Synthetic polyvinyl alcohol (PVA) hydrogels have water content, and biomechanical properties similar to cartilage and they are biocompatible. PVA hydrogels have been used in a variety of medical products including soft contact lens, artificial tears, hydrophilic nerve guides, and tissue adhesion barriers. This material is being evaluated for cartilage replacement due to the rubber elastic properties and, depending on the manufacturing process, high tensile strength and compressibility (Baker, 2012).
 
The Cartiva implant is an 8- to 10-mm PVA disc that is implanted with a slight (1- to 1.5-mm) protrusion to act as a spacer for the first MTP joint. It comes with dedicated reusable instrumentation, which includes a drill bit, introducer, and placer. The Cartiva PVA implant was approved by the U.S. Food and Drug Administration (FDA) in 2016 for the treatment of arthritis of the MTP joint. It has been distributed commercially since 2002 with approval in Europe, Canada, and Brazil.
 
REGULATORY STATUS
In July 2016, Cartiva® Synthetic Cartilage Implant (Cartiva, Alpharetta, GA) was approved by the FDA through the premarket approval process (P150017) for painful degenerative or posttraumatic arthritis in the first MTP joint along with hallux valgus or hallux limitus and hallux rigidus. Lesions greater than 10 mm in size and insufficient quality or quantity of bone are contraindications. Continued approval depends on a study evaluating long-term safety and effectiveness. The post-approval study will follow the subjects treated with Cartiva® Synthetic Cartilage Implant for 5 years. FDA product code: PNW.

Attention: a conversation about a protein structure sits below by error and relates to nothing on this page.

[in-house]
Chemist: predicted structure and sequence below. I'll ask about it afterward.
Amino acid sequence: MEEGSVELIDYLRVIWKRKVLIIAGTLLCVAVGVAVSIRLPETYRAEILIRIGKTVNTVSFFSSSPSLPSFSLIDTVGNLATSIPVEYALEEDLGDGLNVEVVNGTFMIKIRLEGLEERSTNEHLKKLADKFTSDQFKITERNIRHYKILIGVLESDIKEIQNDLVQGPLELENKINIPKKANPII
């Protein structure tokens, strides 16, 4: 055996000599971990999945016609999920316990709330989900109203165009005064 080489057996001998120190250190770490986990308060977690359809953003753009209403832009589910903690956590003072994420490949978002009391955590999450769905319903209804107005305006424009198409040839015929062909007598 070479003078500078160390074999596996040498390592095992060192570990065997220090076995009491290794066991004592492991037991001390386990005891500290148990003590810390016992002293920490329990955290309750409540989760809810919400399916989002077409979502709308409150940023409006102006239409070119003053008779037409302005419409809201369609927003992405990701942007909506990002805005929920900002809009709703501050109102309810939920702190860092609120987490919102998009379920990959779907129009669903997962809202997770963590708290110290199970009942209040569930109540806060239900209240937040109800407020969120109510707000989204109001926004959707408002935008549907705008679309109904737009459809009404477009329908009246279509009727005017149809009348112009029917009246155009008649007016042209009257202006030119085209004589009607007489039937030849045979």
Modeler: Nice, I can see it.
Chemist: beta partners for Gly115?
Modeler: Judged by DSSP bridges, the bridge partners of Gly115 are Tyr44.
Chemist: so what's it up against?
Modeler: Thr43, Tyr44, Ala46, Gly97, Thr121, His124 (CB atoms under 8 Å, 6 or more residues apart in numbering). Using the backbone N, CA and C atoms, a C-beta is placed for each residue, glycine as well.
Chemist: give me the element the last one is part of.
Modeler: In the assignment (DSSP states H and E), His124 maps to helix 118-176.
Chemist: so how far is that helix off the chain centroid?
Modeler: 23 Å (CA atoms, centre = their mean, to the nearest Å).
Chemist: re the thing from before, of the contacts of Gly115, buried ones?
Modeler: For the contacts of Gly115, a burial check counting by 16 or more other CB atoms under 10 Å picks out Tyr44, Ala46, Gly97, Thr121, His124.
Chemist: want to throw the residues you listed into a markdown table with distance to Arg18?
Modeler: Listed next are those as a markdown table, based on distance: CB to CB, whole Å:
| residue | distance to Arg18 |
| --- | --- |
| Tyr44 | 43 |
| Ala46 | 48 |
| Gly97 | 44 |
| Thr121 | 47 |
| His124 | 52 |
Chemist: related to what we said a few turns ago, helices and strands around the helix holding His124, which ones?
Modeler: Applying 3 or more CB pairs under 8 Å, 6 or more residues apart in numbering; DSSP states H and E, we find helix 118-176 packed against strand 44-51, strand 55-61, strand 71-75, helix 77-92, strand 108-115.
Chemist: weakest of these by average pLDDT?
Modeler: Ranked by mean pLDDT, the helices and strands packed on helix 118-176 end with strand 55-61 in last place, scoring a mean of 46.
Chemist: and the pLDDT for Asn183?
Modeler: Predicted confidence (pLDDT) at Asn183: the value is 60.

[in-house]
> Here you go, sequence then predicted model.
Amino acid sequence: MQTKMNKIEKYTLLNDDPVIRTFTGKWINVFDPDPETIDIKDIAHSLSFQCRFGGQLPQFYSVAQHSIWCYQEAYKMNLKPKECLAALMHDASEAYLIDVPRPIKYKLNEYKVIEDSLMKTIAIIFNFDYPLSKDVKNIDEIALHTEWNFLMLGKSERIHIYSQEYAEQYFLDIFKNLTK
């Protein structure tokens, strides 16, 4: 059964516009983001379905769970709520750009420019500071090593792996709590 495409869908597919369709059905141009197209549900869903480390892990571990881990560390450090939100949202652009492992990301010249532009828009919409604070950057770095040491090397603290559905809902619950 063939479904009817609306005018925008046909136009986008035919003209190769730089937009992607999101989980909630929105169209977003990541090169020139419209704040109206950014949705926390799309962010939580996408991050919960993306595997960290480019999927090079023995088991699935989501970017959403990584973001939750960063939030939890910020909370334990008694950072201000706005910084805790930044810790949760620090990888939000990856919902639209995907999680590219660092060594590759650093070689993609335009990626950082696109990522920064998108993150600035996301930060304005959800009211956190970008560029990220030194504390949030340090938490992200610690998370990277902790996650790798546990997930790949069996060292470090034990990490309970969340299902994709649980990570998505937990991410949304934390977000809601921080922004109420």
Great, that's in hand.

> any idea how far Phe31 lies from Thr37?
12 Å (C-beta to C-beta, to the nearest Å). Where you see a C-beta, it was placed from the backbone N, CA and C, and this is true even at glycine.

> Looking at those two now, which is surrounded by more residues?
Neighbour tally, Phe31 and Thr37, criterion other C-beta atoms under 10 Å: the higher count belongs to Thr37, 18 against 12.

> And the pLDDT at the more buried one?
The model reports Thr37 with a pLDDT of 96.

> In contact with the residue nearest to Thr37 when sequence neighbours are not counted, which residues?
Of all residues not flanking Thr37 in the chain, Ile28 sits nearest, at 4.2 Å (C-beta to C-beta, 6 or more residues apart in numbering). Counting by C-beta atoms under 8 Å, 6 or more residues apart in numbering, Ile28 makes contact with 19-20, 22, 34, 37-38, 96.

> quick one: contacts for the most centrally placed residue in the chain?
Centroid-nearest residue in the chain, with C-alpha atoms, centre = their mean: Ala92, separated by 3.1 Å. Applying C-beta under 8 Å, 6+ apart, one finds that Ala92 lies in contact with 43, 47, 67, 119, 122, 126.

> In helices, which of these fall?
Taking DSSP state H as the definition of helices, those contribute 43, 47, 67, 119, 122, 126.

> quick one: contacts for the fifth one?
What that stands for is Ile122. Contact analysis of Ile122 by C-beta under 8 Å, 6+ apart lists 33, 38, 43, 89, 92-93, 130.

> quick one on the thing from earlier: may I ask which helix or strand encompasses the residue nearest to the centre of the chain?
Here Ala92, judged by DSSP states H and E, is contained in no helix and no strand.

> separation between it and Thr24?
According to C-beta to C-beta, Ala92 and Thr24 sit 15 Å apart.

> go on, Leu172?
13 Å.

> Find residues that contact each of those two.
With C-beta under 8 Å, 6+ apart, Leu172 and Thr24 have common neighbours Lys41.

Coding
CPT 28291 is expected to be reported for the surgical procedure performed for the Cartiva Implant.
 
28291 Hallux rigidus correction with cheilectomy, debridement and capsular release of the first metatarsophalangeal joint; with implant
 
There is not a code specific to the Cartiva “Hydrogel” Implant. HCPCS L8699 is expected to be used. Other codes such as L8641 or L8642 could be found on claims since the codes describe various materials such as silicone or titanium.
 
L8699 Prosthetic Implant, not otherwise specified
L8641 Metatarsal joint implant
L8642 Hallux implant

Policy/
Coverage:
Effective November 2018
 
Does Not Meet Primary Coverage Criteria Or Is Investigational For Contracts Without Primary Coverage Criteria
 
The use of polyvinyl alcohol (PVA) hydrogel synthetic cartilage implants (eg. the Cartiva™ implant) for the treatment of articular cartilage damage does not meet member benefit certificate primary coverage criteria.
 
For members with contracts without primary coverage criteria, the use of synthetic polyvinyl alcohol (PVA) hydrogel cartilage implants (eg. the Cartiva™ implant) for the treatment of articular cartilage damage is considered investigational. Investigational services are specific contract exclusions in most member benefit certifcates of coverage.
 
 
Effective January 2018
 
Does Not Meet Primary Coverage Criteria Or Is Investigational For Contracts Without Primary Coverage Criteria
 
The use of synthetic cartilage implants for the treatment of articular cartilage damage does not meet member benefit certificate primary coverage criteria.
 
For members with contracts without primary coverage criteria, the use of synthetic cartilage implants for the treatment of articular cartilage damage is considered investigational. Investigational services are specific contract exclusions in most member benefit certifcates of coverage.
 
Effective Prior to January 2018
 
Does Not Meet Primary Coverage Criteria Or Is Investigational For Contracts Without Primary Coverage Criteria